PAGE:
“In order to address inequality in our society, we need to show successful examples of how women lead well, and really subvert any other historical ideology around the roles of women so that we can create a society in which women are seen to be just as valuable as men,” says Ajayi-Ore, who is also the founder and executive director of the Global Connections for Women Foundation, which focuses on the areas of gender equality, women empowerment, and youth empowerment. “Whether it’s a case study or article that we’re reading, or a simulation that we’re playing, those examples allow for the opportunity to change the perception.”


The Gender Initiative at HBS launched a case collection in 2018 that curates cases with female protagonists. All the cases have teaching notes and the collection is updated regularly to ensure that it’s a helpful resource for instructors teaching a range of courses.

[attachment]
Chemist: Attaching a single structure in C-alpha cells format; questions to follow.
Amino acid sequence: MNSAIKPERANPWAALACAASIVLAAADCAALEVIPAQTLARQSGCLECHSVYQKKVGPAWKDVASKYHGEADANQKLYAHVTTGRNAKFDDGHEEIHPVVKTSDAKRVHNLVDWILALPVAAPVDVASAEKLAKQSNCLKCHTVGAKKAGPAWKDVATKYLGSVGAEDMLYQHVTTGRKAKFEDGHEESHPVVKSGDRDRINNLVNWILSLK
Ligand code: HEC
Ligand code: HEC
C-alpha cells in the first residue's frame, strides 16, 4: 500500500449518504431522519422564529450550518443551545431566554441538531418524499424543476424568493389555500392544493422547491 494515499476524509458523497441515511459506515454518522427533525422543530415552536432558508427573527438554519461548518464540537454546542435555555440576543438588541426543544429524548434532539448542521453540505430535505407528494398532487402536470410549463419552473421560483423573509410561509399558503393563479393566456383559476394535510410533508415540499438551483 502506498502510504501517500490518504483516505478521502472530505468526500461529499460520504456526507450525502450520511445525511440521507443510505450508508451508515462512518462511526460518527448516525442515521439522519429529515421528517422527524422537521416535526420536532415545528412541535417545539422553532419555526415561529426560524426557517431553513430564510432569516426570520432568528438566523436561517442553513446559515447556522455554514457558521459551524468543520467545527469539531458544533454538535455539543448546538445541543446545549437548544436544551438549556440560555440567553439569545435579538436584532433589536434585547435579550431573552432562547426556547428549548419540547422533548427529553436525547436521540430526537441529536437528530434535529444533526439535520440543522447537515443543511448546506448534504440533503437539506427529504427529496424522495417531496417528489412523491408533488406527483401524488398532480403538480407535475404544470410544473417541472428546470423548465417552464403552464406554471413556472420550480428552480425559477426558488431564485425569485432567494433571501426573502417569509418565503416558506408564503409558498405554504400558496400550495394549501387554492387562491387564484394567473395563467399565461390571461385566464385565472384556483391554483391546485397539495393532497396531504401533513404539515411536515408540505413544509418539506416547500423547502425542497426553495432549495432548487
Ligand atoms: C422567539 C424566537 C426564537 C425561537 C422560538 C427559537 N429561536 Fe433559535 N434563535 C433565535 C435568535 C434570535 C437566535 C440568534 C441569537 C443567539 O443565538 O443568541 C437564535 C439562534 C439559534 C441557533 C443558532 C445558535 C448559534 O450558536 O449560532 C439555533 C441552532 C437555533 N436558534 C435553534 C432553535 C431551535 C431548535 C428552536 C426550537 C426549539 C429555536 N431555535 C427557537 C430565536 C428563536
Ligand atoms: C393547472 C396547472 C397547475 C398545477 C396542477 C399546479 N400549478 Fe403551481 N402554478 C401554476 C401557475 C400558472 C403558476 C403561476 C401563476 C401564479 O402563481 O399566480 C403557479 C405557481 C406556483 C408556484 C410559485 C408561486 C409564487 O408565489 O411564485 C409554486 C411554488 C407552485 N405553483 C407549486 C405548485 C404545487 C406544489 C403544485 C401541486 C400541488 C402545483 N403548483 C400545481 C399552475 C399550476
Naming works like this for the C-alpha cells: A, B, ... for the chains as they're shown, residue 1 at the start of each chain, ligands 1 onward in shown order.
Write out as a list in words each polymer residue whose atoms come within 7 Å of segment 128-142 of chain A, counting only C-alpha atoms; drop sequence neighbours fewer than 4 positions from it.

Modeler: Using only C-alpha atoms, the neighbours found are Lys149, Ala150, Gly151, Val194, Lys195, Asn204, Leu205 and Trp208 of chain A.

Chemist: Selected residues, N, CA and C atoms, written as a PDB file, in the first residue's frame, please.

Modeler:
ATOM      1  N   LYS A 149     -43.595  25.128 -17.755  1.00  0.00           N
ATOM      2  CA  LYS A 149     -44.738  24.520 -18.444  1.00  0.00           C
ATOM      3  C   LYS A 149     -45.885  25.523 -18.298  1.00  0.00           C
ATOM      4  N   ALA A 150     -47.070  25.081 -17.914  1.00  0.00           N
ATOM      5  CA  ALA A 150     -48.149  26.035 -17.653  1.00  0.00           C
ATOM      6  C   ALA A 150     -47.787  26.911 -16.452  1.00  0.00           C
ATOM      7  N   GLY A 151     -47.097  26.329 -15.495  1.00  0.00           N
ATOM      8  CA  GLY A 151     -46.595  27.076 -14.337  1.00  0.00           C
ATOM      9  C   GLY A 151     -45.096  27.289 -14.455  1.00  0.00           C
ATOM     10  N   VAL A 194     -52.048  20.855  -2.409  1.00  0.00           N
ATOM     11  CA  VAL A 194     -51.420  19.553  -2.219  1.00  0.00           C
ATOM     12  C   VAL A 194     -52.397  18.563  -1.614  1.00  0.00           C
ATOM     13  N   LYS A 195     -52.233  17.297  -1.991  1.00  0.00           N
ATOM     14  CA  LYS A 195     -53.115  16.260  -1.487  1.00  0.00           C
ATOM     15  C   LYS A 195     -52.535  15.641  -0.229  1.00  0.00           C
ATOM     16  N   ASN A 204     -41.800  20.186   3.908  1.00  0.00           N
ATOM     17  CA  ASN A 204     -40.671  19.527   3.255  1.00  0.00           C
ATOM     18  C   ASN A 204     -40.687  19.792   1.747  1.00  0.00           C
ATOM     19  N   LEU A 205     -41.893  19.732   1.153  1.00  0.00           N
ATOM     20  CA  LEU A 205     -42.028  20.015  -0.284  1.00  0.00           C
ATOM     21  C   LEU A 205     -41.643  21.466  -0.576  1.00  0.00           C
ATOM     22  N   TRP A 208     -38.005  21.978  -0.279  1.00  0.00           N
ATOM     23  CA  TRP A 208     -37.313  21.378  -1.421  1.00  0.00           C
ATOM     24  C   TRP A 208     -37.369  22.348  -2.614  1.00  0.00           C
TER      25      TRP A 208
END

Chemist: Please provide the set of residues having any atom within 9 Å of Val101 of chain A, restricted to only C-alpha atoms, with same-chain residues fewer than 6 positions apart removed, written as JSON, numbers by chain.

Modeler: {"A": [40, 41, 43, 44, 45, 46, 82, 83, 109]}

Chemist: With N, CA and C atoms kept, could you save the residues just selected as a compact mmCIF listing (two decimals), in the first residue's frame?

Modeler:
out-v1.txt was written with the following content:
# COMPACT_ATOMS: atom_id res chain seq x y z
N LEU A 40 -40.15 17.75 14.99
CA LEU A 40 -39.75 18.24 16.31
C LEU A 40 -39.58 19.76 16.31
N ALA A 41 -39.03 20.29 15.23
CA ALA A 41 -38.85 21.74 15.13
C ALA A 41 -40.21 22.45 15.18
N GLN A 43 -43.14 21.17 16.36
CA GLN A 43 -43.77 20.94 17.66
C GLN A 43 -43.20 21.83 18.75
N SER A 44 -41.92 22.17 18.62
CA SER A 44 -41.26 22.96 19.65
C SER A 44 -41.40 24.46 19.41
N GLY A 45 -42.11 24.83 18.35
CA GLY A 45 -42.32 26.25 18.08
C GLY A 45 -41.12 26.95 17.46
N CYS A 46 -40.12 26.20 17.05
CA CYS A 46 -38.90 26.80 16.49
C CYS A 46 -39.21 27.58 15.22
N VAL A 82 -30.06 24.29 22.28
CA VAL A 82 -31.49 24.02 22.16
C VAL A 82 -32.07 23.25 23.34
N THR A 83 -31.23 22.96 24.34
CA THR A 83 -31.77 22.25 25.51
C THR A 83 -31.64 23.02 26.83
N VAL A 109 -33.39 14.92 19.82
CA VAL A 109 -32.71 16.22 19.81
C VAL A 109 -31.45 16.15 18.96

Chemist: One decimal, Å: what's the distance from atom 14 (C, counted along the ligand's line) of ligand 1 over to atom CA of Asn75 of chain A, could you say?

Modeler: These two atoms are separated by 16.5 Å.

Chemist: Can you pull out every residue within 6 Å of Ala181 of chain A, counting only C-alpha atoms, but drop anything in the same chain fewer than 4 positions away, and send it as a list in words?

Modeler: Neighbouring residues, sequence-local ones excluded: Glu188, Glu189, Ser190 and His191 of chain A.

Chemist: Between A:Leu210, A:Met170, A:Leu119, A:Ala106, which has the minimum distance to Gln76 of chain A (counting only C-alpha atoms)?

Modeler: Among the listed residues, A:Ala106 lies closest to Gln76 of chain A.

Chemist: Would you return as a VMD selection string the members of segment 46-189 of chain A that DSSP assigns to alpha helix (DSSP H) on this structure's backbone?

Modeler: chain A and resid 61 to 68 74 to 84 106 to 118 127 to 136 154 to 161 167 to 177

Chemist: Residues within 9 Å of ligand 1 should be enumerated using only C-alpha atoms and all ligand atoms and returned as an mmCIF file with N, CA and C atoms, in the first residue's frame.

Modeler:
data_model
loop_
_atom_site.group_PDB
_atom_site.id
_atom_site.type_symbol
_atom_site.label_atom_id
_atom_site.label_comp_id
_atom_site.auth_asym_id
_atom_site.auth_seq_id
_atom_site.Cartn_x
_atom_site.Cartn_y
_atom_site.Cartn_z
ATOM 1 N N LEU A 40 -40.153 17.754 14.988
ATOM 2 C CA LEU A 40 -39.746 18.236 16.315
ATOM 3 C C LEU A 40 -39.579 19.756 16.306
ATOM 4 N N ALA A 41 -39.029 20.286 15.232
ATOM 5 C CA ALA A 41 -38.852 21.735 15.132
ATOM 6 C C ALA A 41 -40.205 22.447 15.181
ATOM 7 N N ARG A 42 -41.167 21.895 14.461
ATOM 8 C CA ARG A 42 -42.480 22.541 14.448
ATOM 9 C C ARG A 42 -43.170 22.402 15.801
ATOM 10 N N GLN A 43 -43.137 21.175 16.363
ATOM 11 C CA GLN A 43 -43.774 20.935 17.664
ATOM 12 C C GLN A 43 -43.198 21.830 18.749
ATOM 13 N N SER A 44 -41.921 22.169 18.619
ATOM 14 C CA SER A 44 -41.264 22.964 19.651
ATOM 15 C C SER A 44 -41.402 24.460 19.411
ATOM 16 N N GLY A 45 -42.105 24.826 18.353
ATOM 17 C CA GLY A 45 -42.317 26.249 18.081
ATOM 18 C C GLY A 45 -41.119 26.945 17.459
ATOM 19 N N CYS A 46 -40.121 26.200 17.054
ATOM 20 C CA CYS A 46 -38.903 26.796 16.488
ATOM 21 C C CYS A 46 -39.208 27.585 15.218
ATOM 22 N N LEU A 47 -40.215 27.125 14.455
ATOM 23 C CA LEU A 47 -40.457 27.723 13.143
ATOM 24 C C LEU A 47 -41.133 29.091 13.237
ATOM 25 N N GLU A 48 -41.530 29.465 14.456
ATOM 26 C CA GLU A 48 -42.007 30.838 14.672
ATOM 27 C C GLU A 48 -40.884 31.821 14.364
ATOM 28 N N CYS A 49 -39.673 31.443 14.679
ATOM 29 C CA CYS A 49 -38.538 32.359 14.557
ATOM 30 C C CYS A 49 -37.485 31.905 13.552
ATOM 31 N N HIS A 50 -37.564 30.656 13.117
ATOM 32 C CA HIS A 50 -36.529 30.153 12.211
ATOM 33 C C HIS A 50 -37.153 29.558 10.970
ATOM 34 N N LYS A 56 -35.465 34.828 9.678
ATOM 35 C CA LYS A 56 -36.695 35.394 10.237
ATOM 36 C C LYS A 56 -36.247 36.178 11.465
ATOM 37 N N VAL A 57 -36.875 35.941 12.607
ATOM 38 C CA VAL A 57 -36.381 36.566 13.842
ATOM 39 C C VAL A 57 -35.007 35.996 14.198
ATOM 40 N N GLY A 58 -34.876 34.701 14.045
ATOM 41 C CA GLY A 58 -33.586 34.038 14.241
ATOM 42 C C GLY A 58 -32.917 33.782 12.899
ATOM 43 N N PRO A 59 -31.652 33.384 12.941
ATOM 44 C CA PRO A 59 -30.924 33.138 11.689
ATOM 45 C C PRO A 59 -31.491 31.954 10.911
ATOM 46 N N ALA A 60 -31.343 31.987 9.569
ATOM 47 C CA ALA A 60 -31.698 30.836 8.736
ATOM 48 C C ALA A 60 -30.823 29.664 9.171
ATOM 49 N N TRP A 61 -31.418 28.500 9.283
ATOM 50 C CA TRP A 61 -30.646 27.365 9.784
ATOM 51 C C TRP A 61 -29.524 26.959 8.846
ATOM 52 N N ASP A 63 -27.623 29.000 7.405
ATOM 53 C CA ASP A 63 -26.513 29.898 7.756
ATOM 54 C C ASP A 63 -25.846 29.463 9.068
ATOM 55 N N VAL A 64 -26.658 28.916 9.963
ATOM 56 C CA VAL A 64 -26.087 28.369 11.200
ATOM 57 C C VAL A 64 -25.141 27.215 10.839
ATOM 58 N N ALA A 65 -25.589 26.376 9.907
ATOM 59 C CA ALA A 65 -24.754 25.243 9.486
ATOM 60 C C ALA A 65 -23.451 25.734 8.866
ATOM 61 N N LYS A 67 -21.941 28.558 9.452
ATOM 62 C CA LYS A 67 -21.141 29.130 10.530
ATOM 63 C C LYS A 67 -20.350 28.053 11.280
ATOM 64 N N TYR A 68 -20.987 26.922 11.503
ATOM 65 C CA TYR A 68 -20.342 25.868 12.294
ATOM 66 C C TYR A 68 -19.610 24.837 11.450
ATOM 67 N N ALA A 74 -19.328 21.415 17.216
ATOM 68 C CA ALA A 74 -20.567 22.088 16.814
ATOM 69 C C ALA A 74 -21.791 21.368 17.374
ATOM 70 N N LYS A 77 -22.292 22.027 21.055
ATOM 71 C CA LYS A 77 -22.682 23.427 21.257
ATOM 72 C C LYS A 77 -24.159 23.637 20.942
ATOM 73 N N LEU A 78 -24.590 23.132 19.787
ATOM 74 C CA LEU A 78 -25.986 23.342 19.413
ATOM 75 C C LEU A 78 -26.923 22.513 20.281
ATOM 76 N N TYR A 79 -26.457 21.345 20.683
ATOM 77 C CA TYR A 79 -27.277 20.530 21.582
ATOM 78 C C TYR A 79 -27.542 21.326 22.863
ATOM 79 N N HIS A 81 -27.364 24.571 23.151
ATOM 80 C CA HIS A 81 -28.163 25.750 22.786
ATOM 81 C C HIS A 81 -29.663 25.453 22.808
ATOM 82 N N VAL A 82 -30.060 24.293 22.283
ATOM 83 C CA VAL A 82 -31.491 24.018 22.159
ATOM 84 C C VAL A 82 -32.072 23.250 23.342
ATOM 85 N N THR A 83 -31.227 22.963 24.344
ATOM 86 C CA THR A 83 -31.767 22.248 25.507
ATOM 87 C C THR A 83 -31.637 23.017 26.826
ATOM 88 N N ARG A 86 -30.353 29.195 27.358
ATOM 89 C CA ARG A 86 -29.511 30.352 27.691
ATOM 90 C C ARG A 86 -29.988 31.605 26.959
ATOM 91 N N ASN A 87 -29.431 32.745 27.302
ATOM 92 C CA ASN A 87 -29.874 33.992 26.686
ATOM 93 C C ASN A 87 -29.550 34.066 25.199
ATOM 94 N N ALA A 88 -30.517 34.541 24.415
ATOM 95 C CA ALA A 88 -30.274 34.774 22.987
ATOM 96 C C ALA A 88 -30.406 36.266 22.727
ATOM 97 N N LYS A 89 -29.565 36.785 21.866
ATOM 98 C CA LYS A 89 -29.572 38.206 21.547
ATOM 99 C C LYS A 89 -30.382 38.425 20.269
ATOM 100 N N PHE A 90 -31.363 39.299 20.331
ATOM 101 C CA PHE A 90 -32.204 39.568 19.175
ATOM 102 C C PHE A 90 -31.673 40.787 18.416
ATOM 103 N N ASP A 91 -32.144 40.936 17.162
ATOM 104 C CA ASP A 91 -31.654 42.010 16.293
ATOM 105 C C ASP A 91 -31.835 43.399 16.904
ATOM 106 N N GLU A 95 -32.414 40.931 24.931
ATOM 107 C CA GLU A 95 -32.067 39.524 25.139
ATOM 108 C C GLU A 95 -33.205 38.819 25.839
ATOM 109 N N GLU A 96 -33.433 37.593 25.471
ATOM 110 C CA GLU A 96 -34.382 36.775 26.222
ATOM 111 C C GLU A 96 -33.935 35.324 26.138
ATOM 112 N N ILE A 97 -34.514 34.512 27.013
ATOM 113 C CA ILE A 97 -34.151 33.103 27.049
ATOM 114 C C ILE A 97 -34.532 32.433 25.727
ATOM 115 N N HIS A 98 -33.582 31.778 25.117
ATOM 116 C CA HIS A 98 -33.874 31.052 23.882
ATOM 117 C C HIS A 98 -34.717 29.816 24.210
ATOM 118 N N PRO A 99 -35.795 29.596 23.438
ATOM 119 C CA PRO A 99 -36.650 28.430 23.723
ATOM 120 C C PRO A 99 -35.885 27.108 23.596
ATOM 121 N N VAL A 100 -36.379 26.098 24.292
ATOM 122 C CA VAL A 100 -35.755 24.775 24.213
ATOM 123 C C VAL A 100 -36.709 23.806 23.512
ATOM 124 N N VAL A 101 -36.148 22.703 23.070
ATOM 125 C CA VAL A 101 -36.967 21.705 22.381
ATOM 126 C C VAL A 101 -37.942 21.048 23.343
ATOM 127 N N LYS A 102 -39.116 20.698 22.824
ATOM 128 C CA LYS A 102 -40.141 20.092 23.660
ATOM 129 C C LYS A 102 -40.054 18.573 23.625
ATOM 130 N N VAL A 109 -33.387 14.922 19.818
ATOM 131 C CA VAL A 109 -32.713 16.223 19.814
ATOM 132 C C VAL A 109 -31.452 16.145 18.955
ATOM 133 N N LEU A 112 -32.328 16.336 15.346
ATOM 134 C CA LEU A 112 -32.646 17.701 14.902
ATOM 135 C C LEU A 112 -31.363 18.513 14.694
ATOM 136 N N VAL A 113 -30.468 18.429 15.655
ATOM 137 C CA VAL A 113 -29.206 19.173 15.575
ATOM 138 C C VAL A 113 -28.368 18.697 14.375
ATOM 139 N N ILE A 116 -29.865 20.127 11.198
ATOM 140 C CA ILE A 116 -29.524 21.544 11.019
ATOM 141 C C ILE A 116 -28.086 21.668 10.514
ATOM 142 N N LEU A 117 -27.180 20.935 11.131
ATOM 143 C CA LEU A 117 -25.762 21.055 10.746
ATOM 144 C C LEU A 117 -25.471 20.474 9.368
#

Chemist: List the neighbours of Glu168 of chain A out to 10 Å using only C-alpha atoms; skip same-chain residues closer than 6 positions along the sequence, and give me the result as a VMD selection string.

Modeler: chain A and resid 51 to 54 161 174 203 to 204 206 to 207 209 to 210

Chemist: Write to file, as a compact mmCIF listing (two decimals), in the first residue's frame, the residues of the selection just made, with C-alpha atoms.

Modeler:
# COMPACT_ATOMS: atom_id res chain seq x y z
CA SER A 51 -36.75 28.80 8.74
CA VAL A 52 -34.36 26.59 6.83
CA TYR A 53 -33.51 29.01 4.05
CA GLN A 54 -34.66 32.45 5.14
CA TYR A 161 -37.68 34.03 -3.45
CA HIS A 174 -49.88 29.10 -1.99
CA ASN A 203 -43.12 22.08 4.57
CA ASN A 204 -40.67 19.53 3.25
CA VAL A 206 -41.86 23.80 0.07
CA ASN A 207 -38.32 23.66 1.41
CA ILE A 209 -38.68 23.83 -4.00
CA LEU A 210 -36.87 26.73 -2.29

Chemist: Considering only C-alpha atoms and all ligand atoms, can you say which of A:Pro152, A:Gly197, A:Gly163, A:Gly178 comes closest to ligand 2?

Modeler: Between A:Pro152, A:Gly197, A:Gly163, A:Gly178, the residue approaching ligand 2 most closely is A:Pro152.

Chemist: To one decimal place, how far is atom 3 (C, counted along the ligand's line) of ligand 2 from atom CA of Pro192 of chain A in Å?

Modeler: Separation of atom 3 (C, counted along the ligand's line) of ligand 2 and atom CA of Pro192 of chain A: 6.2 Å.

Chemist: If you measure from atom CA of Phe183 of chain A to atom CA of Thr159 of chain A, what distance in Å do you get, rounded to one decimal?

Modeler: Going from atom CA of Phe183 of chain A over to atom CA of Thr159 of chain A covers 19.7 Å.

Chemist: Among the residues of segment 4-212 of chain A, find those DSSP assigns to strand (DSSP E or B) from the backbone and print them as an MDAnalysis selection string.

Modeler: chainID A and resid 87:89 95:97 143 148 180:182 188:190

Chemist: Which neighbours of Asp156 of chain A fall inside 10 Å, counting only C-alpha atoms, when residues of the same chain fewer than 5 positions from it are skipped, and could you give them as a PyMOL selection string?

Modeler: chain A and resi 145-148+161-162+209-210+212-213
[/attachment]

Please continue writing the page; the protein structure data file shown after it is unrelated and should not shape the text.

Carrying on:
Second, the infrastructure for incorporating diversity into the classroom needs to be developed at all levels—by individual faculty members, their departments, and entire business schools. Good intentions are not enough: Even when business schools try to have more parity in the composition of their classes and ensure equal opportunities for all students, Trumbore says, “I don’t know that professors are really considering what that means for teaching. And there certainly aren’t incentives for them to do it.” 

“Whether it’s a case study or article that we’re reading, or a simulation that we’re playing, those examples allow for the opportunity to change the perception.” 

—Lilian Ajayi-Ore